“He has been least successful in this when the Russian populations are close enough to see life inside of Putin’s Russia and personally compare it to their own countries,” he said.
Levine says Russia’s military superiority may not be sufficient to occupy Ukraine, a nation of more than 40 million people, for very long. Levine says a reliable weapons flow from the West coupled with continuous sanctions against Russia could make a “frozen conflict” look good to Putin.
 A frozen conflict allows Putin to maintain the threat of renewed aggression while preventing Ukraine from functioning as a normal country.
“A useful tool for a delusional, lying autocrat like Putin is his ability to create any reality he wants,’ Levine told USA TODAY. “He can simply declare victory and go home.” 
When Putin has had enough, he may start looking for some kind of negotiated settlement, Levine said. And it should be up to Ukraine to determine what deal it can accept to end hostilities, he says, echoing the U.S. position.
“Russia’s dated ‘sphere of influence’ world view has been rejected internationally and has no place in the 21st century,” Levine said. 
But while the fighting continues, Russia looks to consolidate its gains by annexing territories it occupies. The Russian-appointed leader of Ukraine’s Zaporozhye region west of the Donbas has ordered a referendum on “reunification” with Russia that could take place as soon as next month. Russian puppet governments are making similar plans elsewhere in Ukraine.
“Any Russia-orchestrated referenda will not be free and fair,” a senior State Department official said at a recent background briefing. “Any purported annexation is illegal, illegitimate, and, frankly, ridiculous.”
Zelenskyy pledged that such “pseudo-referendums” will eliminate any chance of negotiations “the Russian side will clearly need at some point.”
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The rhetoric heats up and the casualties mount. Neither side releases details, but both militaries are taking massive losses. Russia has suffered as many as 80,000 dead and wounded, the Pentagon’s Kahl said recently. This for territorial gains that in recent weeks can be measured in a few kilometers in the southern and eastern regions of the battle-scarred nation. 
“Over the last 30 days, Russia’s assault toward the town of Bakhmut has been its most successful axis in the Donbas,” the British Defense Ministry said in a recent assessment. “However, Russia has only managed to advance about 10km during this time.”
Zelenskyy has estimated that as many as 100-200 Ukraine soldiers were dying a day. Additionally, thousands of Ukrainian civilians have been killed or wounded by the unrelenting assault of Russian bombing on Ukraine’s cities, the government says. Ukraine’s national prosecutor’s office has estimated that more than 360 children have been killed and more than 700 wounded.
More than 5 million Ukrainians have fled the country, and many more have fled homes in targeted regions. Feeding and providing shelter for families that stay has become a major concern, and the U.N. is trying to help.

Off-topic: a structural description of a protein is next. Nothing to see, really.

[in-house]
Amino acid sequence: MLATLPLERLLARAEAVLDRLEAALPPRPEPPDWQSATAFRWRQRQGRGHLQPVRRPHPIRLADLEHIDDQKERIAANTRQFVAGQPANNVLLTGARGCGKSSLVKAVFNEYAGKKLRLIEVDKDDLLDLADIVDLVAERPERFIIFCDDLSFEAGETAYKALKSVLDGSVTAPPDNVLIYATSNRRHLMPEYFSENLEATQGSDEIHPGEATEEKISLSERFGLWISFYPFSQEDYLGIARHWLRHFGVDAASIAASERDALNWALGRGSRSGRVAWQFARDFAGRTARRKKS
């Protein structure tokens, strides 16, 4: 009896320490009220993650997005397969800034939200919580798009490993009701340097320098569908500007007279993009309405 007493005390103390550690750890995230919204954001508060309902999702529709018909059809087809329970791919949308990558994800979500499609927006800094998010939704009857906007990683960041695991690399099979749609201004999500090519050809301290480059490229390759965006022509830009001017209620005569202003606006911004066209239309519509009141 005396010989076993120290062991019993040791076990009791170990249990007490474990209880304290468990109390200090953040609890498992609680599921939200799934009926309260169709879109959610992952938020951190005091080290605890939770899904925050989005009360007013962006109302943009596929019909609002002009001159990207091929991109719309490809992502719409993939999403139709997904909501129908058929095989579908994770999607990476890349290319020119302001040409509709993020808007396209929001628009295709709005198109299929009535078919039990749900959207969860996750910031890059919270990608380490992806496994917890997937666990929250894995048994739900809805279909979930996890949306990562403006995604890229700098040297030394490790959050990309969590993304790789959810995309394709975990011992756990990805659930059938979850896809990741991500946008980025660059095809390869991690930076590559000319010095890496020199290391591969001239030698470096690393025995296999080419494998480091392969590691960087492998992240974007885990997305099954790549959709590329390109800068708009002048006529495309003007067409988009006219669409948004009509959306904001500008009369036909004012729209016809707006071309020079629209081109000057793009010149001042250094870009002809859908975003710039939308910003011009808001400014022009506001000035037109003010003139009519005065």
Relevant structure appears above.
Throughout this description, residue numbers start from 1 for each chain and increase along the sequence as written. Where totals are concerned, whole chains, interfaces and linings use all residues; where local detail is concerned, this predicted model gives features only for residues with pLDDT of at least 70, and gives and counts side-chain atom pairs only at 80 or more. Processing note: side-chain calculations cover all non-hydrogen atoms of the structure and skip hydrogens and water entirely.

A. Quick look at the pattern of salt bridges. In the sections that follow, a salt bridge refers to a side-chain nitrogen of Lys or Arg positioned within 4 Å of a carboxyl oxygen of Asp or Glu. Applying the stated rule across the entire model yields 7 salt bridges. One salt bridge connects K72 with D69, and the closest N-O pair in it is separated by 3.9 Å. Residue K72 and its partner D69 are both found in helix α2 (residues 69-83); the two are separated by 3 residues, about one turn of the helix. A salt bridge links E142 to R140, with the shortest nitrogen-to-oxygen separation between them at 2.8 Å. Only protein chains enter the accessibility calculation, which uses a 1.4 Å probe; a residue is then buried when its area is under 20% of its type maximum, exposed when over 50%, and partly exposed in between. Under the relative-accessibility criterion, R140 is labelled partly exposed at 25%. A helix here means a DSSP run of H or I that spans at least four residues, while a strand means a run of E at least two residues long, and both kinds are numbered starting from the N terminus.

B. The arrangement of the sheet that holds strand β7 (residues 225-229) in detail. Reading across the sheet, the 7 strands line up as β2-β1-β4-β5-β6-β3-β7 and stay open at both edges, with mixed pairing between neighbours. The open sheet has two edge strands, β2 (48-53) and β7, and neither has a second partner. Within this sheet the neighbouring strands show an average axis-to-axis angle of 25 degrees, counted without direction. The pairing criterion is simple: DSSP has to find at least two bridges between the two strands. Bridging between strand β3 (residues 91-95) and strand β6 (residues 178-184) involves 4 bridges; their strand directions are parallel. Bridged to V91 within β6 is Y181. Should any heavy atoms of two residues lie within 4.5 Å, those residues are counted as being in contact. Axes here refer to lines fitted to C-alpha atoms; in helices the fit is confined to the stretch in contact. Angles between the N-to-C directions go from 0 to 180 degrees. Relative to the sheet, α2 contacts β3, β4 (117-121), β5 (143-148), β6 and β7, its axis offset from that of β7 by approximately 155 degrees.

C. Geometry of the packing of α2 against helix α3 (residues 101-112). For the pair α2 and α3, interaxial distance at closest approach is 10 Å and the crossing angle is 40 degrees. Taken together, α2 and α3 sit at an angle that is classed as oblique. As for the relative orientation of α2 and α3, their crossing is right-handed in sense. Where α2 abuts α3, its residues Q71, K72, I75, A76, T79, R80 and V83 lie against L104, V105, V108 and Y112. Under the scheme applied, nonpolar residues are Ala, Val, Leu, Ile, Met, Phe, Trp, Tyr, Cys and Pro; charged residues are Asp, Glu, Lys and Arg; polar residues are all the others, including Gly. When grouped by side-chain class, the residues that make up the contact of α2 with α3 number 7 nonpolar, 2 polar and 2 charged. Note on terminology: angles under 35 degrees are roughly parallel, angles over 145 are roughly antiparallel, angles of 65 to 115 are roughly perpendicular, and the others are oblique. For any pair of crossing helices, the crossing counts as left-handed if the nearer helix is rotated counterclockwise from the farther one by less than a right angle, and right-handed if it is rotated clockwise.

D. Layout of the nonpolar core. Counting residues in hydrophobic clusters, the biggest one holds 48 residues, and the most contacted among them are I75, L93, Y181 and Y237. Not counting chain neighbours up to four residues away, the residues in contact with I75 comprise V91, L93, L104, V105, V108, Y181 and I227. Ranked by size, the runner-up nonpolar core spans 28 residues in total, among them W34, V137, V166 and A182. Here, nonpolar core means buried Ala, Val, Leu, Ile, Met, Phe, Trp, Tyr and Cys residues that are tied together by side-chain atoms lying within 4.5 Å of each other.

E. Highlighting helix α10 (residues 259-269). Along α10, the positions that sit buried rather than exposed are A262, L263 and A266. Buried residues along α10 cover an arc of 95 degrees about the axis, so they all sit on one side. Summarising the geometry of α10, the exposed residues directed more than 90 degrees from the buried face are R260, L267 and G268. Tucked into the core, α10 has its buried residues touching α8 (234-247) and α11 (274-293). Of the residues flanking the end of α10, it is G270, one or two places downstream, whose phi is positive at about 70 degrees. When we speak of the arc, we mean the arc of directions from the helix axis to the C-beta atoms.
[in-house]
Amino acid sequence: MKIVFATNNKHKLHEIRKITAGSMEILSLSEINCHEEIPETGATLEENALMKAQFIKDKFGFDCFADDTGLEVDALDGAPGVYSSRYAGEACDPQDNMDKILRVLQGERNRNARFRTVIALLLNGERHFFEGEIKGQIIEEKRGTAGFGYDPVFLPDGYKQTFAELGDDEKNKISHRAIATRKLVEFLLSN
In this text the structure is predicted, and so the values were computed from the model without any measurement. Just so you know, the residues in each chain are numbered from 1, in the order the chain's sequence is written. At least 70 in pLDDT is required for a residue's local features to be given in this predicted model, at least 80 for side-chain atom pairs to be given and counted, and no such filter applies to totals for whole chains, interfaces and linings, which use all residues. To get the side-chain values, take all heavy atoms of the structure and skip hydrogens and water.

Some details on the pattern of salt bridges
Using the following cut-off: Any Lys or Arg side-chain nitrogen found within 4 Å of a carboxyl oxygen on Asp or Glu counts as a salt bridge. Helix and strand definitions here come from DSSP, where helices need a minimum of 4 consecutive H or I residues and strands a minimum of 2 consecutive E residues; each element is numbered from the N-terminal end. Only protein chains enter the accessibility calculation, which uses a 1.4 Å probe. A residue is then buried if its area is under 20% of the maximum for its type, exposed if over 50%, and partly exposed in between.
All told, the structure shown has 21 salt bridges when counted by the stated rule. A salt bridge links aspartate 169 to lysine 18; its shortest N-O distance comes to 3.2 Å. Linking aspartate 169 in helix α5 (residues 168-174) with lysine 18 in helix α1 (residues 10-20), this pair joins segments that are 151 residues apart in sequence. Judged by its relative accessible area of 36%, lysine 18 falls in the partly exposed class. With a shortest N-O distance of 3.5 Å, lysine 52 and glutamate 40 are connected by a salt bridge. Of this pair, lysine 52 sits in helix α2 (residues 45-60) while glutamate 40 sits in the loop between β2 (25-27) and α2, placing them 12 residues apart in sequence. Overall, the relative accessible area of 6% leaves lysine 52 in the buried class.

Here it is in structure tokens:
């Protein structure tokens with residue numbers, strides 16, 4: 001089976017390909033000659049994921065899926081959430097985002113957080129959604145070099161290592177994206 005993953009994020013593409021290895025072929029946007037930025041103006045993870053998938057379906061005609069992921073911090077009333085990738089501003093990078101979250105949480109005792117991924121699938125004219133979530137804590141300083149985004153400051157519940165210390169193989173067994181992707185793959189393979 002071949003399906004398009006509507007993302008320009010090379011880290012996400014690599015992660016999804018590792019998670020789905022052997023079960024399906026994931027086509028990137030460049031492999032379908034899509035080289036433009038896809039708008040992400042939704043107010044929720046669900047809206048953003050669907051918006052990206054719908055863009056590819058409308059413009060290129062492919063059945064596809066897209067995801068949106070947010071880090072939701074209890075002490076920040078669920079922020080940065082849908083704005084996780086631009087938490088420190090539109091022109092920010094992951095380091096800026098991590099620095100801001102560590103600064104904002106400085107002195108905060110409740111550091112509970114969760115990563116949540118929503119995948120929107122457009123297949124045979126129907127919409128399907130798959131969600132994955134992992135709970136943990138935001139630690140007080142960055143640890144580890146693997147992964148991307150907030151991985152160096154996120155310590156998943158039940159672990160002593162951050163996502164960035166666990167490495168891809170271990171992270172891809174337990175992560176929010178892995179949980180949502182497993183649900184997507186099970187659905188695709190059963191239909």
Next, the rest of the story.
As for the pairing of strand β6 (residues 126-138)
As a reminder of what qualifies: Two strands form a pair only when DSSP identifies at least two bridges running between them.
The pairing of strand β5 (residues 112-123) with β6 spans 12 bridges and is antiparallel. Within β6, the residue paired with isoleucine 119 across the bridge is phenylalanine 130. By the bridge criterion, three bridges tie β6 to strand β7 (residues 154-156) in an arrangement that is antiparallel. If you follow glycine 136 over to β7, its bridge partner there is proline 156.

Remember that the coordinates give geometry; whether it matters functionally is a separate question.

UNICEF says its humanitarian cash assistance program has distributed $125 million, reaching 120,000 households and more than 350,000 children in Ukraine.  About 35,000 of those children have disabilities.
Families that qualify for the program get an unconditional cash grant.
“No one is in a better position to decide how to get the most out of this support than a parent or guardian,” said Murat Sahin, UNICEF representative in Ukraine.
She is 8 years old: I ask her what the war in Ukraine is like. ‘Terrible,’ she says.
The collateral damage is global. Ukraine serves as a breadbasket for much of Africa, Asia and the Middle East, but 20 million tons of grain have been trapped in Ukrainian silos for months because of a tight Russian blockade. Grain shipments have only recently begun a slow emergence from Ukraine’s ports. 
Hundreds of millions of people are at risk of “hunger and destitution” because of resulting food shortages, U.N.’s secretary-general António Guterres has warned. Prices have risen sharply, adding to the humanitarian crisis.
Meanwhile, fighting around a Ukraine’s Zaporizhzhia nuclear plant – Europe’s largest – has put a swath of the continent at risk of a nuclear tragedy. 
Europe’s sanctions on Russian energy, aimed at curtailing Russia’s will to fight, has left the continent in a precarious position as energy costs around the globe teeter near historic levels and northern Europe frets over how homes will be heated this winter if – or when – Russia turns off the natural gas tap.
Buckner says Ukrainians know the winter will be difficult, but they also know how to survive in arduous conditions and will be prepared. They are, however, worried that Putin could successfully curb Western Europe’s support of Ukraine by cutting off the energy supply that heats so many European homes.
Winter will also increase headaches for Russian forces.
“The ‘home team’ of Ukraine has the advantage as their supply chains are much shorter,” Buckner said. “Less risk of disruption to support their troops and logistical requirements.” 
Buckner acknowledges that Putin and Russia “will not just go away.” But Zelenskyy, NATO and the U.S. aren’t going away either. Neither side will likely achieve its desired result, but the conflict is unsustainable for Russia in its current form versus Ukraine with its Western backing.
“The definition of success for Ukraine is an end to the war, the redrawing of its borders, and a return to a peace-time economy with the chance of becoming a NATO member in the future,” Buckner said.